Adidas have had a range of trail running shoes for a while featuring the Stealth sole technology taken from their purchase of Five Ten. In early 2017 they released the Trailcross Protect, probably the most mountain bike specific shoe Adidas have produced. At £130 RRP, we never saw anyone using them, even though reviews were favourable. Recently they have been coming up on sale with big discounts, so a few months ago we purchased a pair. It turns out the reason for the sale was that Five Ten were going to release a new flat pedal shoe very similar to the Protect.
As the Protect is now end of line, we thought it made sense to do a review in case anyone else was interested in picking them up cheaply, but also as a guide whats likely to be expected in the Five Ten Trailcross Mid Pro.
Whilst most of Five Tens shoes are highly mid-90s skate inspired, the Trailcross look more like a running shoe crossed with a wetsuit boot. This look is a bit marmite, but for what they are they look pretty good, the "Trailcross" embedded on the outsole looks a bit naff though.
This slimmed down design though does make the shoe feel like its actually designed for mountain biking, with no unnecessary bulk. The inner ankle has a D30 protector patch, which we loved, as the feeling of banging your ankle into the cranks is very unpleasant.
Another great decision is the very thin split tongue. This means that the tongue doesn't bunch up and become uncomfortable as it sits nicely flush with the foot. Locking everything into place is a velcro tab, with the slim tongue this again sits flush and helps keep water and debris out with no gaps. Well thought out and practical. Topping things off is a nice little bungee to hold the laces in place and stop them flapping about.
The sole is split into 3 sections, with the toe and heel having chunkier blocks to help with hiking up and down steep or loose trails. Whilst its hard to quantify if this made any real difference without a back to back test, it's a good idea with no real downsides. The centre deviates from the dotty Five Ten design and uses triangles instead, but still gives the same end result.
Putting on the Trailcross it's instantly noticeable that they fit quite a bit narrower than the Five Ten Freeriders we usually use. Whilst this wasn't a problem, those with wide feet may struggle a bit. Otherwise they fit similar to the Freeriders, nice and snug around the toe box but still a bit of wiggle room.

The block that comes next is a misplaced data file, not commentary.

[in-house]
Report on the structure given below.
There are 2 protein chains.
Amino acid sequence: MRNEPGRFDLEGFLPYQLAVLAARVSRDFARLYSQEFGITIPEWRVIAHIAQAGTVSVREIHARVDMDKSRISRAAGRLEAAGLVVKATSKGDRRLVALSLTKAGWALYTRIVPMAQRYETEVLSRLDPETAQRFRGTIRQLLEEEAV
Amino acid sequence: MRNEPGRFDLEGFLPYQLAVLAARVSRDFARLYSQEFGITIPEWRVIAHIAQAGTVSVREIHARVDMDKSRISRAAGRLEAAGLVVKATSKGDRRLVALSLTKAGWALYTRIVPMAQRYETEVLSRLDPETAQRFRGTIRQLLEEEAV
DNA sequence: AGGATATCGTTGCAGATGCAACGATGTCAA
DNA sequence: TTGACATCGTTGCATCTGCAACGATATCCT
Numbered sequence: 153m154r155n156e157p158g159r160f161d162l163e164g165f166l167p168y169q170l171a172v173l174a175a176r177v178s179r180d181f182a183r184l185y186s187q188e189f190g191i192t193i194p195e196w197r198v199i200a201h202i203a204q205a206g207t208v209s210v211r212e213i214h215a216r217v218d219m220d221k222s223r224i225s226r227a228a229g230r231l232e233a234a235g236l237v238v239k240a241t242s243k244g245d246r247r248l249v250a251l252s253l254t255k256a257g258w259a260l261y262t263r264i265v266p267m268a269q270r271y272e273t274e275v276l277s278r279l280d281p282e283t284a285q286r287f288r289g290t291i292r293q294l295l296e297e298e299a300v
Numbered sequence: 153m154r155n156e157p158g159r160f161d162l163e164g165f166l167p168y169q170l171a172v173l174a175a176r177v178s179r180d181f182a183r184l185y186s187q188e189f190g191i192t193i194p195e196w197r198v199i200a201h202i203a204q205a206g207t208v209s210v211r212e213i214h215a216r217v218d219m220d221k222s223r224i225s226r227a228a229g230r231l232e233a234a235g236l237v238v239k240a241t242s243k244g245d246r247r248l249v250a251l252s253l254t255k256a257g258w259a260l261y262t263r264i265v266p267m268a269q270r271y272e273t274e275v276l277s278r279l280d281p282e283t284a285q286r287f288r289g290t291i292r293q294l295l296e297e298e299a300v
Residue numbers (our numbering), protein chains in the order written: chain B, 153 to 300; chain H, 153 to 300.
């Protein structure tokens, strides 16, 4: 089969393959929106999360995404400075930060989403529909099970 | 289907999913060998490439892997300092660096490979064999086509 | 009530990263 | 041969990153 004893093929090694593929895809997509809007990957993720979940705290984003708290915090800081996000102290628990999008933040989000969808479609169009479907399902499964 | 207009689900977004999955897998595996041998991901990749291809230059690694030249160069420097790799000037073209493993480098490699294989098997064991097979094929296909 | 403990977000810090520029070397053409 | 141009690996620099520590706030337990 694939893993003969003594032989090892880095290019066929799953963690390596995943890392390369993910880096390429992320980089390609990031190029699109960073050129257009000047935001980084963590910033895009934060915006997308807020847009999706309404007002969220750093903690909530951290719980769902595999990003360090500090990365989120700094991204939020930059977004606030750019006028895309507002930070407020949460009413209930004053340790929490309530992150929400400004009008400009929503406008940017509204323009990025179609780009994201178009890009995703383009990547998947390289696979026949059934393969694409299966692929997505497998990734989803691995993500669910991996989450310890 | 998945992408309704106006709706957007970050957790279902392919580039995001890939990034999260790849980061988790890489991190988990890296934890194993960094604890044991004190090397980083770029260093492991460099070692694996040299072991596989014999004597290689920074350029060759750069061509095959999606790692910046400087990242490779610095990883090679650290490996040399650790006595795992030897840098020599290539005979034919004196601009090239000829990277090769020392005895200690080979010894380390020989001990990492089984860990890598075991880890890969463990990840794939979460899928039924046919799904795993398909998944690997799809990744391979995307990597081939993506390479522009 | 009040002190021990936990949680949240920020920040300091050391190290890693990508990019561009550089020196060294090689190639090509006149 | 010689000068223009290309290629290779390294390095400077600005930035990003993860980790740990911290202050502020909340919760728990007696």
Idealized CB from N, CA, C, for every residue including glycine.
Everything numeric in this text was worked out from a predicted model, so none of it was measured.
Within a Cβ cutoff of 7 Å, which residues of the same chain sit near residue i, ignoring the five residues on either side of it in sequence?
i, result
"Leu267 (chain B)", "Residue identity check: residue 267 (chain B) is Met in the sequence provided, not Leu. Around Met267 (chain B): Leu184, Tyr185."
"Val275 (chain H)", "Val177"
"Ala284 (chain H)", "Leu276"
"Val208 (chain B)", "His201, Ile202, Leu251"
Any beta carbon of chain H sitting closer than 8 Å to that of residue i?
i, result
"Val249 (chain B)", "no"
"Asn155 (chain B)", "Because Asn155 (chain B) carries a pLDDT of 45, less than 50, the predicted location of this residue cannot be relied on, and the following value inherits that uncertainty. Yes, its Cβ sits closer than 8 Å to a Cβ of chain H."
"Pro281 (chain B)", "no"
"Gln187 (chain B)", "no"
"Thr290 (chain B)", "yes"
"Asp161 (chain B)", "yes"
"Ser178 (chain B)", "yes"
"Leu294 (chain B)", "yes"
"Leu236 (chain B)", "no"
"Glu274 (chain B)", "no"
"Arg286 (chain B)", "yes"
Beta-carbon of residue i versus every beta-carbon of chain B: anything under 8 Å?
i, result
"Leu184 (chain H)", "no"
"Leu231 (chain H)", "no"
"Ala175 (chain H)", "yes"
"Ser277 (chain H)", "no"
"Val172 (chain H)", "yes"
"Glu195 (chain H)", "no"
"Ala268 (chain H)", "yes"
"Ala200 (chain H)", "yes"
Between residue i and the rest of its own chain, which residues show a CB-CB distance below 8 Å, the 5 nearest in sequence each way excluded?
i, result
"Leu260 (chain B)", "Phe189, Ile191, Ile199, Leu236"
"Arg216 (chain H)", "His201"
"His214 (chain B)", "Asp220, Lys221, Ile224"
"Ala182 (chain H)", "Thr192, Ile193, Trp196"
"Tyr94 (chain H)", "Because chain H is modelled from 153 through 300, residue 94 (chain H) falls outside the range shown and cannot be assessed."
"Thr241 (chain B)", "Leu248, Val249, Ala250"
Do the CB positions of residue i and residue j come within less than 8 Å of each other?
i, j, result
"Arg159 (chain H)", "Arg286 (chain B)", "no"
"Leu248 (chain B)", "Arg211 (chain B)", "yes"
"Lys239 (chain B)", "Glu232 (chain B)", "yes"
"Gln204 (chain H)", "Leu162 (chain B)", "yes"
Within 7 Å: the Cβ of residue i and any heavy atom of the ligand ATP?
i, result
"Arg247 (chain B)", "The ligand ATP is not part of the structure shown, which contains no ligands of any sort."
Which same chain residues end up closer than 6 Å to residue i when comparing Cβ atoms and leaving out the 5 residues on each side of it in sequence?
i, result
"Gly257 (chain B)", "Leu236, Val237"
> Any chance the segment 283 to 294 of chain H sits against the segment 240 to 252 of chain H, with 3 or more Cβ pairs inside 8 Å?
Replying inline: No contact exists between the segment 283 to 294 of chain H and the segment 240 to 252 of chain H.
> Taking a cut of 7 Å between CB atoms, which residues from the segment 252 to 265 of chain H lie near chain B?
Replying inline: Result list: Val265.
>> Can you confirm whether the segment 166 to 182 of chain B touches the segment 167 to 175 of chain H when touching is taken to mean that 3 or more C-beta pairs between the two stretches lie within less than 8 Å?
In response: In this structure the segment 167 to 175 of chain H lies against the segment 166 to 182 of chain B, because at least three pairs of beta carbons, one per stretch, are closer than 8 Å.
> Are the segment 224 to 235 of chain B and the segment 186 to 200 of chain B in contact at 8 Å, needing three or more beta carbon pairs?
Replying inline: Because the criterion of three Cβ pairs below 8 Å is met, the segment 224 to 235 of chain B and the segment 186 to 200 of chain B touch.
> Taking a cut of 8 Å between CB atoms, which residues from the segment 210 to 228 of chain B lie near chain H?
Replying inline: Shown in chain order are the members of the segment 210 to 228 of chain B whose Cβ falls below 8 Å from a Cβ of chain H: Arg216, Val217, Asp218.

Five Ten are rightfully regarded as the gold standard for grip with their Stealth grippy soles. The Terrex also feature Stealth rubber and whilst some reviews have stated its harder than what is found on some of Five Tens shoes, we noticed no difference in stickiness between the Adidas and the Freeriders.
UPDATE 10/20: The soles on the Trail Cross have worn down quite a bit, and switching to a fresh pair of Impact Highs we did notice a slight drop in grip. This seems to be due to the different tread pattern being tighter and so the pins not 'locking in' quite so well, or that the Impacts are wider so have more contact with the pedal, but it also may be because the rubber is actually a little harder than we thought initially.
The thinner nature of the shoes also meant they felt lighter and a bit more breathable than other riding shoes we have used.
Whilst they are called the Protect, they don't offer any where near as much protection as the bulky Five Ten Impact Highs, although the toe cap is pretty sturdy and we never felt any rock strikes more than in a pair of Freeriders.
We've ridden a few hundred miles in the TrailCross, including a week in the alps and 5 days in north Wales and the soles show no signs of wear. The uppers too have held up great with no signs of abrasion or stitching coming loose. We will update this post in a year or so with how they are holding out.
One of the major criticisms of Five Tens is that they take an age to dry if they get wet. The Trailcross don't hold anywhere near as much liquid thanks to the thinner upper, and so after only a couple of hours on a heater they are dry and ready to be used again.
The Terrexs are not cheap for a flat pedal shoe, but the current sale prices puts them in line or cheaper than pretty much every other flat pedal shoe on the market. Whilst the looks might not be to everyone's taste, they do offer well thought out features that are an actual benefit when out riding. Coupled with the leading sole rubber they are the best riding shoes we've used, working well in all weathers, from big days out to quick local blasts. Hopefully the new Five Ten Trailcross Mid Pro are as good or even better than the Adidas.